Darewadi, in the rain shadow region of Maharashtra, India, was once a parched village, where women journeyed miles for water and livelihoods were hard to come by. Water for drinking and irrigation was available for only three months of the year. Land, soil and water were depleted to an extent that the community resorted to migration for survival. The village was on the verge of desertification in 1996, when the villagers approached WOTR.

Fr. Hermann Bacher, the founder of WOTR and the father of community-led watershed development in India, supported Darewadi residents in implementing watershed activities. Soil and water conservation measures involved digging a series of continuous trenches along the contour or ridge to act as speed breakers, control erosion, and harvest water. Gully plugs, stone bunds, earthen nallah bunds, gabion structures, check weirs and percolation tanks were constructed. These aided recharge of ground water through percolation of harvested water into the ground. These measures resulted in the stabilization and development of the Darewadi watershed. Inclusiveness of the community, ensured through shramdaan (voluntary labour) in the beginning, helped develop a sense of ownership.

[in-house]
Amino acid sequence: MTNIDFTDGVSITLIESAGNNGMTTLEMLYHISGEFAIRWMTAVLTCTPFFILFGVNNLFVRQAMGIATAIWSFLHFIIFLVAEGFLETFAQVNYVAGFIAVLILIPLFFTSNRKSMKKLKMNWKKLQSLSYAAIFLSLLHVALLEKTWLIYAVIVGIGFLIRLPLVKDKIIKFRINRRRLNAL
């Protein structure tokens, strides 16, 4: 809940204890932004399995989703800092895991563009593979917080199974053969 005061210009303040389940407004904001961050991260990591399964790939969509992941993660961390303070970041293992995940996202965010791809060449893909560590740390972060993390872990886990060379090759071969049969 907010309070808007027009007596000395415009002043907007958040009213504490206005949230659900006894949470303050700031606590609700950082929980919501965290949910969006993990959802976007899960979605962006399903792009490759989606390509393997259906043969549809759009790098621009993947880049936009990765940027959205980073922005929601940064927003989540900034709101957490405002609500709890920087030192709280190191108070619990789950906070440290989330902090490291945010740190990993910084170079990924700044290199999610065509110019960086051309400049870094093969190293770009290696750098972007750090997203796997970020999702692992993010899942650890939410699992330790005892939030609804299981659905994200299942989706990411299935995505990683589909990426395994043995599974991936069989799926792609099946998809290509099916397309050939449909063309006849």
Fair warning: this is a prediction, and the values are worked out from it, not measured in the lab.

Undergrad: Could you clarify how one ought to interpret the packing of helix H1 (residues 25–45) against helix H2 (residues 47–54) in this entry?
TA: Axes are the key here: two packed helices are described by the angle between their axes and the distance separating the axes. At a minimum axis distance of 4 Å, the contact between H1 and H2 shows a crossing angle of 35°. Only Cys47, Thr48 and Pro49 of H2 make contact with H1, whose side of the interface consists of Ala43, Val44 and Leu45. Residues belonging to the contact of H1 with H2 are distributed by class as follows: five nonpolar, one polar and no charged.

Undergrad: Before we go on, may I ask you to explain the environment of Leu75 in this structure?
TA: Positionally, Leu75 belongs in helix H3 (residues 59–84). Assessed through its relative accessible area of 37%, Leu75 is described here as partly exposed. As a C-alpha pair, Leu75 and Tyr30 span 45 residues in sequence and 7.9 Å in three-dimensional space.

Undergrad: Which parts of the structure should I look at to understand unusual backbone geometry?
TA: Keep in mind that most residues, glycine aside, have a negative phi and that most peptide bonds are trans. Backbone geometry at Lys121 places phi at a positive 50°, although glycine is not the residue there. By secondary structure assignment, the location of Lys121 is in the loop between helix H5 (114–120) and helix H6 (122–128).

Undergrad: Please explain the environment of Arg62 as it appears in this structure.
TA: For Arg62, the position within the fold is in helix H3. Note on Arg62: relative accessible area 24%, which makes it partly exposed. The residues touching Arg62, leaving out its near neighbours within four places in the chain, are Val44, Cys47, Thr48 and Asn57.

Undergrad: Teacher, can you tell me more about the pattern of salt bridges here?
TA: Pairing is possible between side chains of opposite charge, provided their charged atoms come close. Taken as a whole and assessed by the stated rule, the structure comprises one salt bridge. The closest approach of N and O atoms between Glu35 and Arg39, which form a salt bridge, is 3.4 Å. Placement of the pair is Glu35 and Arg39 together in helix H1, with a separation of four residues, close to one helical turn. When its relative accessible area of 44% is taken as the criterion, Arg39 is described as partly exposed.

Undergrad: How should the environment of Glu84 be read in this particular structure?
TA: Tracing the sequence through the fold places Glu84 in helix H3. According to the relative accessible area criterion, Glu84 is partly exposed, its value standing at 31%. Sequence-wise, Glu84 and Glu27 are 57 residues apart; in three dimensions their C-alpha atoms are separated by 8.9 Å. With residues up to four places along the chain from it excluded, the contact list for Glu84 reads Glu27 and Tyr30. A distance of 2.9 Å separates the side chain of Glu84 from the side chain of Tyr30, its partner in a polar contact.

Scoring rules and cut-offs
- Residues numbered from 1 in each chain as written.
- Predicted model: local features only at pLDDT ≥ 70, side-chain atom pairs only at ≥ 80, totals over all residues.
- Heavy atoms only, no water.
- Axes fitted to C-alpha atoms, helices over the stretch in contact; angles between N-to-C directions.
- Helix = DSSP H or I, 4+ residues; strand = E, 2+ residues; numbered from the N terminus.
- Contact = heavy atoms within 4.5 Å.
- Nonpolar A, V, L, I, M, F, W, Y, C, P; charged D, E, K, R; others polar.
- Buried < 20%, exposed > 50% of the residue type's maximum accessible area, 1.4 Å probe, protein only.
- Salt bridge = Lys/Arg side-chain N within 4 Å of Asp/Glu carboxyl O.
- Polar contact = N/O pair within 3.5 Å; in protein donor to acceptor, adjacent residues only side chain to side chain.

The degraded landscape was slowly transformed, as the watershed was stabilized and developed. Water resources were restored, for drinking and irrigation, and improved soil moisture content supported production of food, fodder and fuel. The cropping area per season increased, and two crops per year and crop diversification became possible. There was a remarkable increase in vegetation cover and the ground water table was raised.

A Village Watershed Committee was formed to represent the residents of Darewadi, and to work with WOTR and government departments to plan, implement and monitor work, and support conflict resolution. The Committee has had to take potentially unpopular decisions to sustain the benefits of natural resource regeneration, like calling for a ban on bore wells.

Transparency throughout the process has been a key element of success, with details of the work and expenditure displayed in the village school.